DAYTON, Ohio -- The list of American innovation is long and storied: the first mass-produced car; the telephone; the personal computer. And, of course, the airplane.
Kitty Hawk, N.C. may be the first place that comes to mind when people think of the Wright brothers and the invention of powered, manned flight, but this southwestern Ohio town has a much deeper claim to the brothers and their invention of what they called, in their patent, a "flying machine."
A lifelong fan of airplanes and aviation, I couldn't resist the opportunity to come to Dayton on Road Trip 2013, and learn about the Wright brothers and how they changed the world, most famously on December 17, 1903, but also over the course of many years from 1901 to 1909 and beyond.
This town's reverence for the Wrights is on display almost everywhere, and many of its biggest institutions owe their existence, or at least their names, to the brothers: Wright-Patterson Air Force Base; Dayton-Wright Brothers Airport, the Dayton Aviation Heritage National Historical Park; and more.
To learn about this early history of the brothers, and the airplane's invention, I stopped in on the national historical park, which actually comprises five locations around town. And for Wright brothers fans, it offers a rich, multifaceted story that requires stopping at each spot in order to understand the full story.
The tour starts at the park's visitor center and highlights the brothers' early history running printing and bicycle businesses. But naturally, the first stop also starts visitors' education into how Orville and Wilbur Wright came to lay claim to one of the most important inventions ever. At the core, it boils down to the idea -- which is disputed by supporters of Gustave Whitehead, who is said by some to have made the first powered flight in 1901 -- that the Wrights were the first to hit on the magic trio of innovations: three-axis control; lift and drag; and delivering power to the machine.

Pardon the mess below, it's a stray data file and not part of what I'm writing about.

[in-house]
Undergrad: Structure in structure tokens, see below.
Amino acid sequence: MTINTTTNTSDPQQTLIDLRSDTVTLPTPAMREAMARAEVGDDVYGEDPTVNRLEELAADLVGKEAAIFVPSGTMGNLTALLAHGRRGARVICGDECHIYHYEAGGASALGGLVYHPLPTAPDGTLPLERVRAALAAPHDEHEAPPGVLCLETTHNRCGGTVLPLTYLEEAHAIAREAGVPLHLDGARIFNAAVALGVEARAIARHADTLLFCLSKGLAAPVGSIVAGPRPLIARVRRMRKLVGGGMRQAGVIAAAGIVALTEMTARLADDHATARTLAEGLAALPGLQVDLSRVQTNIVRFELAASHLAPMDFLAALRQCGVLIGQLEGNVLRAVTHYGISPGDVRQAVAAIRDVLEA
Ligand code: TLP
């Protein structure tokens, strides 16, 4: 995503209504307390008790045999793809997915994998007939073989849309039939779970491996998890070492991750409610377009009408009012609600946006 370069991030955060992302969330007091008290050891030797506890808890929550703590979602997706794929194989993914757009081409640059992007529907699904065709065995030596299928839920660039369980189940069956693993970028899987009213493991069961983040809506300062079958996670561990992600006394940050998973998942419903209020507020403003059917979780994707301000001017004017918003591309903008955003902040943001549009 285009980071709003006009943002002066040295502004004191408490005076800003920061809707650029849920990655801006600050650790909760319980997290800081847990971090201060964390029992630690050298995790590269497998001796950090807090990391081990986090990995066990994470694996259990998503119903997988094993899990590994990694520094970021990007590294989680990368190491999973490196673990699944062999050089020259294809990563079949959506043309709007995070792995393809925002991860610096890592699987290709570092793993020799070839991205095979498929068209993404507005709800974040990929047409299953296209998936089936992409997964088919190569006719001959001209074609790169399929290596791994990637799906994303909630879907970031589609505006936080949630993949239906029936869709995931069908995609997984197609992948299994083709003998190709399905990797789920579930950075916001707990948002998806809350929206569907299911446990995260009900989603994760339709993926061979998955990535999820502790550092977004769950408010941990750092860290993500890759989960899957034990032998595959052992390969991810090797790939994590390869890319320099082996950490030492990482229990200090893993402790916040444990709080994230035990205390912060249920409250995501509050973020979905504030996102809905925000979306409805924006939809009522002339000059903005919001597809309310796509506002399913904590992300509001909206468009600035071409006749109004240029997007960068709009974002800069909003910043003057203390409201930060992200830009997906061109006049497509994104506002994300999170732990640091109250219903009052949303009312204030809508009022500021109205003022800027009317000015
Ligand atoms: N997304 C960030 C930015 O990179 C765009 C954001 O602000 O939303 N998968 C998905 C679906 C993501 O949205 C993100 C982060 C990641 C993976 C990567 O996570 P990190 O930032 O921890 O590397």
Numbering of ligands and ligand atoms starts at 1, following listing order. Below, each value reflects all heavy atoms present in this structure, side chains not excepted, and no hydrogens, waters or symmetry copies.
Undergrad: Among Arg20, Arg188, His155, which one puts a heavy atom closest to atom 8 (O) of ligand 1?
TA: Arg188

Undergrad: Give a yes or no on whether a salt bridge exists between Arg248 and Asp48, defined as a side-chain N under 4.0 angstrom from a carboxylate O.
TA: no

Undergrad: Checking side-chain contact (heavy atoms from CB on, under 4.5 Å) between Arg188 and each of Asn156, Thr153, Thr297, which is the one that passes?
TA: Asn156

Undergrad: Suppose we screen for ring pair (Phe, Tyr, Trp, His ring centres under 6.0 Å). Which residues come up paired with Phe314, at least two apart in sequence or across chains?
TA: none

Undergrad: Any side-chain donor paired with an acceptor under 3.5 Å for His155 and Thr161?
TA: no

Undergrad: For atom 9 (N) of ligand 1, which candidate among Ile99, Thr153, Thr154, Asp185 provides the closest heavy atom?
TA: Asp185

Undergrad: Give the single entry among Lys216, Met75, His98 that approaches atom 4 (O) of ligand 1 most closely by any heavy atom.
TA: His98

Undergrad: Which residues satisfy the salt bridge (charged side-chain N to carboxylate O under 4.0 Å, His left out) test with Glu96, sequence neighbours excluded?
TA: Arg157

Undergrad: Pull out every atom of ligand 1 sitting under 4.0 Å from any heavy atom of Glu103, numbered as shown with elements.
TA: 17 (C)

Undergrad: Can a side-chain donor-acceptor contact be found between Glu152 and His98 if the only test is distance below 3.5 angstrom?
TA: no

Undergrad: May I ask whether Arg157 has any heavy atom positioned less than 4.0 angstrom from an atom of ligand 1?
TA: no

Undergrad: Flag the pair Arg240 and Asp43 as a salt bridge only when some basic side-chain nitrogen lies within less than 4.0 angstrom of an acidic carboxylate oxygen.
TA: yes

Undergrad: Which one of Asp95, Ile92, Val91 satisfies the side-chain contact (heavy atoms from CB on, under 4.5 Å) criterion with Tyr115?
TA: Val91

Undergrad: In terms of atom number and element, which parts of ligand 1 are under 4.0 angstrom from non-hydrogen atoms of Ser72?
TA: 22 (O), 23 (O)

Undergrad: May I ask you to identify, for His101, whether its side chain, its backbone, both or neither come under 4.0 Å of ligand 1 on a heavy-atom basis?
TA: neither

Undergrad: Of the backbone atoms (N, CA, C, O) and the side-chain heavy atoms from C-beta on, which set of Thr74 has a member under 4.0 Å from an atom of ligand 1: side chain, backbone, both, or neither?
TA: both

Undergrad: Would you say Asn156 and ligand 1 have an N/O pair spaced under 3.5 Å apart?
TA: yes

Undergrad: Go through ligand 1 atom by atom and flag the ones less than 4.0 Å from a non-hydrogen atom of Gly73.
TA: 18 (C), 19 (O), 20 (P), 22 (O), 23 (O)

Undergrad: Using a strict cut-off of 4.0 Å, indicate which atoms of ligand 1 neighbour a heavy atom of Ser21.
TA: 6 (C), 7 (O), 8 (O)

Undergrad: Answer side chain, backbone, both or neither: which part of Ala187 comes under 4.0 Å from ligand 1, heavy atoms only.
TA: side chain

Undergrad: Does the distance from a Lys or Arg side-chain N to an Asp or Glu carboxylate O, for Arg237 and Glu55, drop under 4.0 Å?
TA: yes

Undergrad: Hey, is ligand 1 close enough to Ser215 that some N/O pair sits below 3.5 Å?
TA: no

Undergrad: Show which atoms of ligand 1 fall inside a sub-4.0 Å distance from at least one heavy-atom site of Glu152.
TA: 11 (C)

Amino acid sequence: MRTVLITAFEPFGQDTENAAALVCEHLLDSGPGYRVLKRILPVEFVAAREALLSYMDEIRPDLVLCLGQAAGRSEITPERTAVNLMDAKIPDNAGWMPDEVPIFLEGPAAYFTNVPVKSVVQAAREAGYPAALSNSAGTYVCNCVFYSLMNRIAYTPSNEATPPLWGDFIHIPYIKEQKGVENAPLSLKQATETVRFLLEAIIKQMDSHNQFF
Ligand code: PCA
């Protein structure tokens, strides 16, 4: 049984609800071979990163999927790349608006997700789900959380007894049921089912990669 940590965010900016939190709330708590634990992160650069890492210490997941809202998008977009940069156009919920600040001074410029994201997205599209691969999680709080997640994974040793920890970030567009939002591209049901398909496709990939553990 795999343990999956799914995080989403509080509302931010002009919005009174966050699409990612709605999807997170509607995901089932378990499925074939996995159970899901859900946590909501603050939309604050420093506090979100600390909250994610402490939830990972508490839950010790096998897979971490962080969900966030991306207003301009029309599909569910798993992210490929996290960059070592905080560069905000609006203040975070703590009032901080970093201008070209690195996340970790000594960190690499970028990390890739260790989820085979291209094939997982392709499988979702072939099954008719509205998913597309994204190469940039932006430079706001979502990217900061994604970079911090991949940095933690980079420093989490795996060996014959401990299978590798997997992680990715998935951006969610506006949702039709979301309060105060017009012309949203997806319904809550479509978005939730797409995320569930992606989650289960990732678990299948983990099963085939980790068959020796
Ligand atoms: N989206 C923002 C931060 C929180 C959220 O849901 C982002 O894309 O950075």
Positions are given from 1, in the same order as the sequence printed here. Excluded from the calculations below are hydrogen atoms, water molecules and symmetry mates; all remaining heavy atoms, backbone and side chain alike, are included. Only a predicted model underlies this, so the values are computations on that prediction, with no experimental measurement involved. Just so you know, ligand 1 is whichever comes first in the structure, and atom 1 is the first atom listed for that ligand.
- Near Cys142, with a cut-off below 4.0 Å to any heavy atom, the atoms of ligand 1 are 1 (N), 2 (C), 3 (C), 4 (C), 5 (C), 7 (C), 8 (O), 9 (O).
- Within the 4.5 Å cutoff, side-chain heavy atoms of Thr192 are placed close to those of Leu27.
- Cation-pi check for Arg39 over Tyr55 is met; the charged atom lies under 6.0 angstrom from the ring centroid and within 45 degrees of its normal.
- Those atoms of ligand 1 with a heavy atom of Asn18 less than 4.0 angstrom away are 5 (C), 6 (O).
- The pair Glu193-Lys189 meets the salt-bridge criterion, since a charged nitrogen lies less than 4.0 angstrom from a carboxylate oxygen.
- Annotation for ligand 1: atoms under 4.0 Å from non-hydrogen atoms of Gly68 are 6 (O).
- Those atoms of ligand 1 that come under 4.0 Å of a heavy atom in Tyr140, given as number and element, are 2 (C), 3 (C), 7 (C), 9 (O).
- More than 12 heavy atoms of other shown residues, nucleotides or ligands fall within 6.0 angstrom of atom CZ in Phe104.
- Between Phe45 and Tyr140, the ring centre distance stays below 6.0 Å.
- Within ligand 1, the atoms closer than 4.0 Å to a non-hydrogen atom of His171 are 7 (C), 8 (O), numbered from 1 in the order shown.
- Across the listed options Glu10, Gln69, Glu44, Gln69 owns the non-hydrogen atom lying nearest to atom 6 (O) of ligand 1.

At the time of the Wrights' invention, there was a hot race to get the first powered aircraft aloft. And what might have cinched it for the brothers from Dayton was their background as bicycle makers. They knew, after all, that turning a bike required more than just moving the handlebars; you also have to lean into the turn. They applied the same concept to flying, understanding that a plane has to have a certain degree of instability, something that others, who tended to think of aircraft like boats, hadn't tried.
A big part of their eureka moment was also that they understood the concept of a propeller. They understood that a propeller is just a wing turned 90 degrees, and by using one, they were able to get better performance out of their 12-horsepower engine than one of their chief rivals, Samuel Langley, was getting from his 50-horsepower motor.
The Wrights were also lucky to live in a boom town that offered just about everything they needed to build their flying machine. From iron works to hardware to power tools, engine coatings, fabric for the wings, and more, all was available right at their fingertips in Dayton.
What wasn't available, however, was the isolation to practice their initial flights in secrecy. And that's why the Wrights went elsewhere to make the first flight. They'd written to the National Weather Service asking for a location with a constant wind, and had the Indiana Dunes and Kitty Hawk suggested to them. The former, however, offered no privacy, so while the latter had no road access, they chose the North Carolina location.